The press conference ended up being celebratory rather than tragic. Beleaguered ICE officials may well have been seeking a much-needed public relations boost by granting the stay.

The family’s attorneys say that ICE officials gave no explanation for the stay. Ms. Jean-Paul has a pending request for citizenship.

At the press conference, the family rejoiced. Asked for her reaction to the stay of deportation, young Angela said she was “very happy” that her mother was staying so she could study to become a school-teacher when she grows up.

The story of Ms. Jean-Paul, her daughter, and her husband of 11 years, naturalized U.S. citizen Journel Timot, touched many.

Haitian refugee advocates have questioned how the U.S. government can continue deporting undocumented Haitians when as recently as Feb. 2 the State Department warned U.S. citizens to defer all non-essential travel to Haiti due to the nation’s devastation and lawlessness caused by storms last fall that left close to 1000 dead and one million homeless.

On Feb. 5, Haitian President René Préval met with U.S. Secretary of State Hillary Clinton in Washington, DC. He requested $100 million to fill a budget gap which might send desperate Haiti into what he called “anarchy.”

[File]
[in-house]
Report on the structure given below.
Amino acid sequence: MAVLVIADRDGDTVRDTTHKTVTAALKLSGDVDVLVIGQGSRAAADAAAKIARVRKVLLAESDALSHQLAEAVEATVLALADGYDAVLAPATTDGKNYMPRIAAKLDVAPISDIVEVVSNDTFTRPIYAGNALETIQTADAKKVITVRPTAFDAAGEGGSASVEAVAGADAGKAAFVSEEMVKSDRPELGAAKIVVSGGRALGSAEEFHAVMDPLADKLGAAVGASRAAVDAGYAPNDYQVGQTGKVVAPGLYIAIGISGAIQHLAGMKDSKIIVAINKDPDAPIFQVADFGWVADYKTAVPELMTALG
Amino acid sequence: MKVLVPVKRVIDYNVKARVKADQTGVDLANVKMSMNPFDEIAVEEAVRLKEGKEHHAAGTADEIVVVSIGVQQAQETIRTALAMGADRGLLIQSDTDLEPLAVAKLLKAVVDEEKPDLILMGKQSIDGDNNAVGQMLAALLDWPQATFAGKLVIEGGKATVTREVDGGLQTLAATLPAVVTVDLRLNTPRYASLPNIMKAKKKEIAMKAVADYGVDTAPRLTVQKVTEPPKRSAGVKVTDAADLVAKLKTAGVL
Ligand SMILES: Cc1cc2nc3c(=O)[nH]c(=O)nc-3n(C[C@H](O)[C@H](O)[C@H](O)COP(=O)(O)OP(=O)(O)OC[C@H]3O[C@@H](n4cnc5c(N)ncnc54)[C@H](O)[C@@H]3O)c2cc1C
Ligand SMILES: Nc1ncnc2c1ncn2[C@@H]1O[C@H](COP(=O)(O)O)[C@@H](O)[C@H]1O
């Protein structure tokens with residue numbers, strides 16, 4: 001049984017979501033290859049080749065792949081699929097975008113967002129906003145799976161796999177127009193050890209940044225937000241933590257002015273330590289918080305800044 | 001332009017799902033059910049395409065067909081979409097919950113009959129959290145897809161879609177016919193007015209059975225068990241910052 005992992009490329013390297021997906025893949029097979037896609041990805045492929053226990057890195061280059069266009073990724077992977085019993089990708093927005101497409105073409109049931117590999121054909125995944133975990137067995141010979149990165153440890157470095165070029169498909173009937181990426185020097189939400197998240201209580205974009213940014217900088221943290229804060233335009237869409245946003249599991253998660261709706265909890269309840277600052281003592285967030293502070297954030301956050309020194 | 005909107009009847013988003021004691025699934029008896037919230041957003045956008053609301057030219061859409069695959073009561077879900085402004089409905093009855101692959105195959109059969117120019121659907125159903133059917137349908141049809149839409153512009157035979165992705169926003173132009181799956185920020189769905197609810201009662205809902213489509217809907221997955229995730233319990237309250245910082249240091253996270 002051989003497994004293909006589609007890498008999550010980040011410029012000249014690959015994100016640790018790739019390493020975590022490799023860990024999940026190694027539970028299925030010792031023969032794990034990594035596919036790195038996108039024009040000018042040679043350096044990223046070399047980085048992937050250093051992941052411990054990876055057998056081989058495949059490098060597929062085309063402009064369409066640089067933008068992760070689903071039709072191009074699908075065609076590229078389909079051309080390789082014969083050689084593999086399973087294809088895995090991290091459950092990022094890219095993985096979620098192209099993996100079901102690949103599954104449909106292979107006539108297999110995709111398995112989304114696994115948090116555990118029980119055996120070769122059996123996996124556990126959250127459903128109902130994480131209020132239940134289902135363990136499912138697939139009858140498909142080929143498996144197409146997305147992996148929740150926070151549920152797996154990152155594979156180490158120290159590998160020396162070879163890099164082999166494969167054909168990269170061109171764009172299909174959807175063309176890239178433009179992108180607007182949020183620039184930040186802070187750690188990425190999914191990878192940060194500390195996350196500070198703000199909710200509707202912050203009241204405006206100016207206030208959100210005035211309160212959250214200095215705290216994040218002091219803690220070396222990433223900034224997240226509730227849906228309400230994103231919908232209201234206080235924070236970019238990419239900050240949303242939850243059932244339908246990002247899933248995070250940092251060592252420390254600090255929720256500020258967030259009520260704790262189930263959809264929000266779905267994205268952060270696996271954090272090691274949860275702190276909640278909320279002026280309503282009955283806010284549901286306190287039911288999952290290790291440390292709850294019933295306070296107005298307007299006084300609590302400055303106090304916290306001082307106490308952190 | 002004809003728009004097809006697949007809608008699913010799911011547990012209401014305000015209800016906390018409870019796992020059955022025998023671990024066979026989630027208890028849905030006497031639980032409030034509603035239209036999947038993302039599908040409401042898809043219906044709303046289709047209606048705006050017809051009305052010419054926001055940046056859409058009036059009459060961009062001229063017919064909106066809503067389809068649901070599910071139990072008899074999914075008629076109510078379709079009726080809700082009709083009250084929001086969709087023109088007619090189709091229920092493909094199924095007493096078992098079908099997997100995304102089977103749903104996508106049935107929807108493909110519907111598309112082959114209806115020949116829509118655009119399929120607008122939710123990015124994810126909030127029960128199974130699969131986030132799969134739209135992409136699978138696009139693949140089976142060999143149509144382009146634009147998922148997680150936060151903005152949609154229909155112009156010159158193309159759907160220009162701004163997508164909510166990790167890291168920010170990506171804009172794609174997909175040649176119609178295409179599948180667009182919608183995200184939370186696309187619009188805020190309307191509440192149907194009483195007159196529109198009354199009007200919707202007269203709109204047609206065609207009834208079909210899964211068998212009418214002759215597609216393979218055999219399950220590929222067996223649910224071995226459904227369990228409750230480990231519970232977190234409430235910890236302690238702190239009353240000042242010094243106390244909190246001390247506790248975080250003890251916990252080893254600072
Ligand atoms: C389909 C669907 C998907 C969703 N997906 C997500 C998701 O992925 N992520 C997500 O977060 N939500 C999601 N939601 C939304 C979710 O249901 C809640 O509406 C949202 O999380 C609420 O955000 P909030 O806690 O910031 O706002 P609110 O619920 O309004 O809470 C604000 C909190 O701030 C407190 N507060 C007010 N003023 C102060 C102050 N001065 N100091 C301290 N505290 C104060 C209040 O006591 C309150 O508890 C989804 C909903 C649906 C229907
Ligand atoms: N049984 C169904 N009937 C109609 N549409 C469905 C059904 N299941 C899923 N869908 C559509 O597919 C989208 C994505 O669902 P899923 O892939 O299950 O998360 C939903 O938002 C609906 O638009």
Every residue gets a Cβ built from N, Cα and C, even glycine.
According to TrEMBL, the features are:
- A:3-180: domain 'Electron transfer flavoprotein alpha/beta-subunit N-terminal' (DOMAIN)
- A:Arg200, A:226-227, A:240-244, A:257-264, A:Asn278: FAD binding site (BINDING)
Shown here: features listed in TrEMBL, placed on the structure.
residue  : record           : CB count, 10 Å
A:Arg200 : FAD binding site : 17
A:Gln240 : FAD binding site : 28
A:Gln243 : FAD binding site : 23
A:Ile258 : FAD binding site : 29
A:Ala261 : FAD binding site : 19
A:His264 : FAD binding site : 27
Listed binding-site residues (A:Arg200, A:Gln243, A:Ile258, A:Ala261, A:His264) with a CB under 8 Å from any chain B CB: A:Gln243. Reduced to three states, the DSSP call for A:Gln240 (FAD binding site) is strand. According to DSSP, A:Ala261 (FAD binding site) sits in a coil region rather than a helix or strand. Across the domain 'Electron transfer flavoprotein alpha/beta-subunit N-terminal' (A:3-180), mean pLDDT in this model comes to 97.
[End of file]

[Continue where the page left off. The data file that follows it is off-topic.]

It is unknown whether he again requested Temporary Protected Status (TPS) for Haitians as he did, unsuccessfully, from the Bush administration last fall.

Hoping for a different response from the Obama administration, refugee advocates have renewed their campaign for TPS for Haitians, which would cover long-time residents and citizenship candidates like Ms. Jean-Paul.

All articles copyrighted Haiti Liberte. REPRINTS ENCOURAGED.
Please credit Haiti Liberte.

SIGN THE PETITION

In Haiti TPS on February 1, 2009 at 8:03 am

HAITI FACT SHEET: STOP DEPORTATIONS NOW

Why the U.S. Government should IMMEDIATELY halt deportations to Haiti:

• During a one-month period, and in rapid succession, FOUR DEVASTATING STORMS ravaged Haiti
• The World Bank assessed the storm damage at nearly ONE BILLION DOLLARS, or about 15 percent of Haiti’s GDP.
THIS EQUALS EIGHT TO TEN HURRICANE KATRINAS HITTING THE UNITED STATES IN A MONTH
• The United Nations has called this “the worst disaster to hit Haiti in 100 years”
• Over 800 people were killed, with thousand missing or injured